March is Women’s History Month. I’m hoping to share some weekly lists on this subject all month long…we’ll see how time allows.
There are gobs of biographies already in the Orange Marmalade archives, so if you’re looking for ideas to celebrate the intelligence, creativity, passion, insight, kindness, skill, fortitude of women throughout history — check out the Subject Index.
Liberty’s Voice: The Story of Emma Lazarus, by Erica Silverman, illustrated by Stacey Schuett published in 2011 by Dutton Children’s Books
I’ll open with the story of the poet who penned the lines engraved on the Statue of Liberty:
Give me your tired,your poor Your huddled masses yearning to breath free, The wretched refuse of your teeming shore. Send these, the homeless, tempest-tost to me, I lift my lamp beside the golden door.
Given the xenophobic rhetoric being flung around our country today, it’s the perfect time to be reminded that this voice of altruism and refuge is what it looks like to be a great nation.
Read about Emma’s well-to-do upbringing in New York and her life-changing encounter with a flood of Jewish victims of violence in Russia seeking sanctuary in the U.S. Kaleidoscopic color infuses these pages making it a most appealing book to share with children ages 5 and up.
Solving the Puzzle Under the Sea: Marie Tharp Maps the Ocean Floor, by Robert Burleigh, illustrated by Raúl Colón published in 2016, a Paula Wiseman Book, Simon & Schuster Books for Young Readers
From early childhood, Marie Tharp loved maps. Certainly trotting about the country with her mapmaker father had something to do with that.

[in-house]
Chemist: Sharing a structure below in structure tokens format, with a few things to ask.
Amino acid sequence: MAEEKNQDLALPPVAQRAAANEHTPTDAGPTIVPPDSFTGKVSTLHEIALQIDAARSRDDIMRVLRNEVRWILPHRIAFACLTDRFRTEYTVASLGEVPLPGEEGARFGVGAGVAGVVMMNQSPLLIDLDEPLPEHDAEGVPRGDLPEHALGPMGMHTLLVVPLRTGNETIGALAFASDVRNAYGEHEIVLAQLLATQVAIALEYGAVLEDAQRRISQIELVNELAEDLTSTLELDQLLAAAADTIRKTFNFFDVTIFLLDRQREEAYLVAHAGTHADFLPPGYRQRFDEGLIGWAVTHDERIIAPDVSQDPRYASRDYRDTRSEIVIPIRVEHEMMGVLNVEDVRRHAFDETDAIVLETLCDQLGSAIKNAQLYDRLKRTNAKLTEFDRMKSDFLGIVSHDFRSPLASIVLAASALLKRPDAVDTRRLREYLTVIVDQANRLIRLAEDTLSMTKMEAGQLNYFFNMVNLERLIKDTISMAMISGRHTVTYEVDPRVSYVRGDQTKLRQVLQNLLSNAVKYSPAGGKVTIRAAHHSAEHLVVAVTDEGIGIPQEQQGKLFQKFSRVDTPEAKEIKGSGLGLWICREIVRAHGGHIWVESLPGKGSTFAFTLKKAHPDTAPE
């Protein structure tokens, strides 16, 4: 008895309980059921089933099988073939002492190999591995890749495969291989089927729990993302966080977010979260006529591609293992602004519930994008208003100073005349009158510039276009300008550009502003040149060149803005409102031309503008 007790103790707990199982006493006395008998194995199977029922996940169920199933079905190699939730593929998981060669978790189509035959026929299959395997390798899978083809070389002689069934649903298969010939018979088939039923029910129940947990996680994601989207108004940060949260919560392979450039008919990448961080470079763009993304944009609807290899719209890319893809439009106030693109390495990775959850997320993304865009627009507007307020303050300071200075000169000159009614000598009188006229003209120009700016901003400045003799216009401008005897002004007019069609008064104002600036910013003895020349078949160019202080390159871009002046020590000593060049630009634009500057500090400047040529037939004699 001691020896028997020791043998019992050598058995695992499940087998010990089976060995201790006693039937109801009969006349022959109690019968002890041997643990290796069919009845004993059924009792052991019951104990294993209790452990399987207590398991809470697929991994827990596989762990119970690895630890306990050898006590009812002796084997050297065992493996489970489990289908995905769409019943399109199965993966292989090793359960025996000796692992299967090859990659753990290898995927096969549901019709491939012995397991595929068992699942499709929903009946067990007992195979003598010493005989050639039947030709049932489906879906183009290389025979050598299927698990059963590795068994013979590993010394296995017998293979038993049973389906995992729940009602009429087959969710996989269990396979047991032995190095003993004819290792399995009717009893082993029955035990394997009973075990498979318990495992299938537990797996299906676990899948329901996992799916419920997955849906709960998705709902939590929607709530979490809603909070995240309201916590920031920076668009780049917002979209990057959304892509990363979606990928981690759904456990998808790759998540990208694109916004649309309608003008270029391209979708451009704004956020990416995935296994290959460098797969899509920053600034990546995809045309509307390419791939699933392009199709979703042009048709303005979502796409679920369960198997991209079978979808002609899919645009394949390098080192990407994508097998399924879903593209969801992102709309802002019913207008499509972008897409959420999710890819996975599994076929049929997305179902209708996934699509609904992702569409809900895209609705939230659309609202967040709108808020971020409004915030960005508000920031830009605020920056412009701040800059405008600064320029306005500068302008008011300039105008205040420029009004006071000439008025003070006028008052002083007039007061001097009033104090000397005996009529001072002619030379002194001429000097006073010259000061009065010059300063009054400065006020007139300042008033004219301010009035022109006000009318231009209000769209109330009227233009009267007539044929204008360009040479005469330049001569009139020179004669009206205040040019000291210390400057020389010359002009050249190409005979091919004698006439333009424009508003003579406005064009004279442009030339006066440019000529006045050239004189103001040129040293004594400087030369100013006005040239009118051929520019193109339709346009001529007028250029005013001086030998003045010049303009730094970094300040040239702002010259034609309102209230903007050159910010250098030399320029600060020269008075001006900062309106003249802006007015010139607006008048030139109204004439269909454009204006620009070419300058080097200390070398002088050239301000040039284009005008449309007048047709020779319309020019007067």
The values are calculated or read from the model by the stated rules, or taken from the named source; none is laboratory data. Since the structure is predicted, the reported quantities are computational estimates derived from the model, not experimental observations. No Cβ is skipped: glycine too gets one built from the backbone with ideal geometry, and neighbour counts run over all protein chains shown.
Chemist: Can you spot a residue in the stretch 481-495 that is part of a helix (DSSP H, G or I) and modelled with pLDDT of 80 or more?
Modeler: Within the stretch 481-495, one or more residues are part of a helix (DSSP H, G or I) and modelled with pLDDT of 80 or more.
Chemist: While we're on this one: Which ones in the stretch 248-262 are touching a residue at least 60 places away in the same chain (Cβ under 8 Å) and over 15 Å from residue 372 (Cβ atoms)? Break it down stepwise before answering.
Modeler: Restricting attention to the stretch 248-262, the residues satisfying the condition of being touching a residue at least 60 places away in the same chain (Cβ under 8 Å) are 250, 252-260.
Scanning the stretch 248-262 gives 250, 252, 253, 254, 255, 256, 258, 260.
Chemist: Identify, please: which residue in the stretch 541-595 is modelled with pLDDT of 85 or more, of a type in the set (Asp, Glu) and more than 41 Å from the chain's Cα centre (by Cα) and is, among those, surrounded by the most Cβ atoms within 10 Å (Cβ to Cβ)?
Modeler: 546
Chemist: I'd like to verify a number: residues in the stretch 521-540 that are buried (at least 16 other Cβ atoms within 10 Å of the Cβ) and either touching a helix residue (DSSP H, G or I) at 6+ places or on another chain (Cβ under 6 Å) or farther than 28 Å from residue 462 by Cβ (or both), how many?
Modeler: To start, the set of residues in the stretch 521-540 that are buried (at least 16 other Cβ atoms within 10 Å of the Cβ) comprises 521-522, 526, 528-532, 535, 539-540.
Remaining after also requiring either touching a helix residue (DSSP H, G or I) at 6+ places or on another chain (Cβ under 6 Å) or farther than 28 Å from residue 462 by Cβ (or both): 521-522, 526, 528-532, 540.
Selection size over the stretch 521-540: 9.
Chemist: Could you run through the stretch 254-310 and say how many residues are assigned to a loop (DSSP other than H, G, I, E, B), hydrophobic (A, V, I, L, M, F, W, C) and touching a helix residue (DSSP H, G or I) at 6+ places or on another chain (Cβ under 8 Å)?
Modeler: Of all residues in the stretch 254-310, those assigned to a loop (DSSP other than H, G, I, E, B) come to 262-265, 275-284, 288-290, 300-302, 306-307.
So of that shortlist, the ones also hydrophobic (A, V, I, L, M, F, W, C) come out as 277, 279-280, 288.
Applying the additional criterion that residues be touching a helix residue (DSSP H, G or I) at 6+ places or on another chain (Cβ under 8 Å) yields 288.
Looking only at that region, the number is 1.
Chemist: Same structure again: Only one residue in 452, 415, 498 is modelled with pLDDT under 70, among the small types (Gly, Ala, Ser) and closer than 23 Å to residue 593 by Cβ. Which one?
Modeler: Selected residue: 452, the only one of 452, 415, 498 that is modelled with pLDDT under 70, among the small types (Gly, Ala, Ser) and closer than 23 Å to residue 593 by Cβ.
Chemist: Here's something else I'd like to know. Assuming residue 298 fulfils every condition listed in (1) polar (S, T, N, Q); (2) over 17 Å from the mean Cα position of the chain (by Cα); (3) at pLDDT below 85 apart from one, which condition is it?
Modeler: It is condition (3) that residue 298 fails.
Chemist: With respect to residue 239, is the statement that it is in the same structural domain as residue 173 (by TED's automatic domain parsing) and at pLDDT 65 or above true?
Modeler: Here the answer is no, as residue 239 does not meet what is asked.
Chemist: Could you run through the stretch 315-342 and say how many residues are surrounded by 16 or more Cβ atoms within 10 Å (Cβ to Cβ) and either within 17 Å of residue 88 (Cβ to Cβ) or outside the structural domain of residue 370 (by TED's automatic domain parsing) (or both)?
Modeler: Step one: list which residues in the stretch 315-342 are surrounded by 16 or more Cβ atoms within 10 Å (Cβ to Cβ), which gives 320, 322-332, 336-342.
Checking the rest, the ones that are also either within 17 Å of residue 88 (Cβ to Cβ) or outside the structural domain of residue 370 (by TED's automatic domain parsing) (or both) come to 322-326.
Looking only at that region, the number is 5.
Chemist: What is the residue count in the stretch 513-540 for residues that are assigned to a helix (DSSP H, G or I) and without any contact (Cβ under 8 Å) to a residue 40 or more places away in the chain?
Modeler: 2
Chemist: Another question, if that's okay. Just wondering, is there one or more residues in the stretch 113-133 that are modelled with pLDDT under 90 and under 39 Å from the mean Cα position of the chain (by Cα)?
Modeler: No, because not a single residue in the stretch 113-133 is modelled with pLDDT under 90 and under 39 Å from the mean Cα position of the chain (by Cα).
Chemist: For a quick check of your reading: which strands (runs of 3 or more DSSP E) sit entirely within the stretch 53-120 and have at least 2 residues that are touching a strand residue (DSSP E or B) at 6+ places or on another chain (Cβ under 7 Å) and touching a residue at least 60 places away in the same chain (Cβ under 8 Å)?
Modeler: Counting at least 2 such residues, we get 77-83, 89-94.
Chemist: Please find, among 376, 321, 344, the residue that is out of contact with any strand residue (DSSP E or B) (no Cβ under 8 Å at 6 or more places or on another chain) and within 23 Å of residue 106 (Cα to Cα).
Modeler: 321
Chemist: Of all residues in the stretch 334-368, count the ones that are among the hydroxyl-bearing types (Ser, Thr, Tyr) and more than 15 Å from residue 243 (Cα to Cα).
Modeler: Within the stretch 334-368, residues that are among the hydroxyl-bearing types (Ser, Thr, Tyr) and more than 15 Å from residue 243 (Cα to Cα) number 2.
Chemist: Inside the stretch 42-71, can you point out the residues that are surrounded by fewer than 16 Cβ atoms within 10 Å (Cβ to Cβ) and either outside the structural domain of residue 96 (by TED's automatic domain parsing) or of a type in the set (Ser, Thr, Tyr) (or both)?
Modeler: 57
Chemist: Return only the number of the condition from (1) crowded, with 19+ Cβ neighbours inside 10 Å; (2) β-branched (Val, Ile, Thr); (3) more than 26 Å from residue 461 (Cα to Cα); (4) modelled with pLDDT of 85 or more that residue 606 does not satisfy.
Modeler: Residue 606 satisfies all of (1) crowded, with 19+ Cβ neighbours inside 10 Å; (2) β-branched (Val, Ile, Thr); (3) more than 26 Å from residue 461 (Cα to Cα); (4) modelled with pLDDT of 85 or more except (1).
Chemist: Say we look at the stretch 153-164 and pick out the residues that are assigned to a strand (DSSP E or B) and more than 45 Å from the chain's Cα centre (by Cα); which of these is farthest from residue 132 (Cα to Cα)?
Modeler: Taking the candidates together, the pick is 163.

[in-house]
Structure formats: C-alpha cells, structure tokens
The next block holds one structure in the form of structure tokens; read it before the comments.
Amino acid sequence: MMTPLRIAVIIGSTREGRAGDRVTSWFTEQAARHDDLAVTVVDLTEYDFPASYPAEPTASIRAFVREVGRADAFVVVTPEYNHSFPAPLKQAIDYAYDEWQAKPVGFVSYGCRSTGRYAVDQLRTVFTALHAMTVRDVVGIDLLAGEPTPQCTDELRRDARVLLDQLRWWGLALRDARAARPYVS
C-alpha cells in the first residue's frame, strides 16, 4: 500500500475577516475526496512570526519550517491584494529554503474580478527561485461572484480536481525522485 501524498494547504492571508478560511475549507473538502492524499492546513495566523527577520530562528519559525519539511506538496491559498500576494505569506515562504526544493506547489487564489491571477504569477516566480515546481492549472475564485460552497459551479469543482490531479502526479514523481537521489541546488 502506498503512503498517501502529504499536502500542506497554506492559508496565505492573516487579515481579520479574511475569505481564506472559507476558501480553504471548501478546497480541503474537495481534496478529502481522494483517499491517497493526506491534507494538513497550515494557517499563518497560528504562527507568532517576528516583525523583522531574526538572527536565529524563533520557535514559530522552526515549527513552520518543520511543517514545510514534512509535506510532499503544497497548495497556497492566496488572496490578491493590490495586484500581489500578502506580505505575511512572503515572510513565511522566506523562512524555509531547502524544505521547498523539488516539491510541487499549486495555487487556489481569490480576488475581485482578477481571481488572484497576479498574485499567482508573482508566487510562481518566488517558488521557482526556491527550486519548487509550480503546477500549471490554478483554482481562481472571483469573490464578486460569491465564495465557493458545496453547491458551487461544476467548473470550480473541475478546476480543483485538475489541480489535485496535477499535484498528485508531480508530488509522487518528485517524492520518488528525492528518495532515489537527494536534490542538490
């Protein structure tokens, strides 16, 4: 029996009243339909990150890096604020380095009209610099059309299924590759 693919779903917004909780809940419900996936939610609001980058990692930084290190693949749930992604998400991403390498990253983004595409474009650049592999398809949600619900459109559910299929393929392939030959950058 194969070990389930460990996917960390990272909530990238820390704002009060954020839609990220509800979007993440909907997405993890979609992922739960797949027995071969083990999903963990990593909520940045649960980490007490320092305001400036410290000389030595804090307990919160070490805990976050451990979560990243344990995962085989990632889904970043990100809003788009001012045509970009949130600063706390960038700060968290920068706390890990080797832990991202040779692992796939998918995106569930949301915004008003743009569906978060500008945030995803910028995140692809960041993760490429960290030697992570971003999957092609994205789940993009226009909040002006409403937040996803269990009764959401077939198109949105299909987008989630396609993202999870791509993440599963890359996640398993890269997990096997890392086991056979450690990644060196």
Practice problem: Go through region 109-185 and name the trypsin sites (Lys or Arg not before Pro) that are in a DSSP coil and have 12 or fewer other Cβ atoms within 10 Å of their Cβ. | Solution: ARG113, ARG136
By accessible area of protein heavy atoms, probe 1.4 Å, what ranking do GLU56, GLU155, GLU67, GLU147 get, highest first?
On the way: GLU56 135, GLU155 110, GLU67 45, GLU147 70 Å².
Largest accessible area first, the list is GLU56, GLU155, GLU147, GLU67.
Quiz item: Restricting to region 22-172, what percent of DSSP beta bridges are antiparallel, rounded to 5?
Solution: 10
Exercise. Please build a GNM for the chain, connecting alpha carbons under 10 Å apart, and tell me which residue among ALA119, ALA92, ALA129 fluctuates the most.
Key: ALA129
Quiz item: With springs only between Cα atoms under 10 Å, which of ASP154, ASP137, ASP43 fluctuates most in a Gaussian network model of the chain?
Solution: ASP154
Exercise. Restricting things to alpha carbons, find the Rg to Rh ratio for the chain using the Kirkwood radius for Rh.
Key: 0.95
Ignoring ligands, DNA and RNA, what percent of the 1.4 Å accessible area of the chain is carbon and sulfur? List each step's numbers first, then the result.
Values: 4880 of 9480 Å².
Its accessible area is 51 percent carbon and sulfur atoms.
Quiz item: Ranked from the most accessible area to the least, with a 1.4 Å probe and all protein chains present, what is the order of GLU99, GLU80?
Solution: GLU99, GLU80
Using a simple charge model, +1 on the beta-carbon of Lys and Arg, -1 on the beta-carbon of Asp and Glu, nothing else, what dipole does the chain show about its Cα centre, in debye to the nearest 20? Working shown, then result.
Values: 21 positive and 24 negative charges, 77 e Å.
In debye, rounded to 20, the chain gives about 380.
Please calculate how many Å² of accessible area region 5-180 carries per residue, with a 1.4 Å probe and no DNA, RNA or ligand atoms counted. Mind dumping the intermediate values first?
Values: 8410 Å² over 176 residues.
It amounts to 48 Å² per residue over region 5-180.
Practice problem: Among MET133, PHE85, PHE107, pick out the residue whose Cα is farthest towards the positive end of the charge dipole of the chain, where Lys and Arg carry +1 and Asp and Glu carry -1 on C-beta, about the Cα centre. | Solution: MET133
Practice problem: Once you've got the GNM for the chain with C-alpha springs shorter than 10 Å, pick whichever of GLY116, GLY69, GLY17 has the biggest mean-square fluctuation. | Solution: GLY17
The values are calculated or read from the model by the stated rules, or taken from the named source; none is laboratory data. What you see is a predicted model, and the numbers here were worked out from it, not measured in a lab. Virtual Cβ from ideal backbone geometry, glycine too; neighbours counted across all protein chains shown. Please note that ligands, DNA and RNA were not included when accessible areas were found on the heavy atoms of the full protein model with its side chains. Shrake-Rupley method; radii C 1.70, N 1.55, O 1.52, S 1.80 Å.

Tharp had to overcome gender stereotypes in order to pursue her love of science, then went on to pioneer the way in mapping the bottom of the world’s seas.
Such an intriguing pursuit! Her story is presented beautifully here by a talented, award-winning team. Ages 6 and up.
A Passion for Elephants: The Real Life Adventure of Field Scientist Cynthia Moss, by Toni Buzzeo, ill. by Holly Berry published in 2015 by Dial Books for Young Readers
One of the highlights of my life involved watching elephants from the open veranda of a lodge in Tsavo National Park, Kenya. What a glory, elephants!
Cynthia Moss has spent a lifetime observing, learning about, and protecting these enormous creatures. Her story is vividly told and energetically illustrated here in this top-notch account. I really enjoyed this; a delightful choice for ages 4 and up.
Shining Star: The Anna May Wong Story, by Paula Yoo, illustrated by Lin Wang published in 2009 by Lee & Low Books
Anna May Wong grew up at the turn of the century, the daughter of Chinese immigrants in Los Angeles’s Chinatown. From the get go she was fascinated by drama, enamored with film stars, dreaming of starring in the movies herself.
Anna achieved her dream, but was humiliated by the industry’s treatment of Chinese-Americans. After years of taking roles tainted by negative stereotypes of Asians, Wong made a decision to buck the racist system. Read her thought-provoking story, a great follow-up to the discussions surrounding the Academy Awards. It’s long-ish — try it with ages 7 and up.
Women Who Broke the Rules: Sonia Sotomayor, by Kathleen Krull, illustrated by Angela Dominguez published in 2015 by Bloomsbury
Here’s another in the same series as Dolley Madison, which I reviewed for President’s Day.
Krull writes snappy biographies, moving us right along without bogging down, yet including vivid anecdotes that make these women human and approachable. Dominguez contributes friendly, warm illustrations that keep the pages welcoming.
Sotomayor had so many hurdles in life — an alcoholic father, juvenile diabetes, an impoverished life in the projects. But her nickname as a toddler was Little Pepper — so that tells you something! She needed all that spunk and drive to become the first Latino member of the Supreme Court. This is a 46-page bio for ages 8 and up.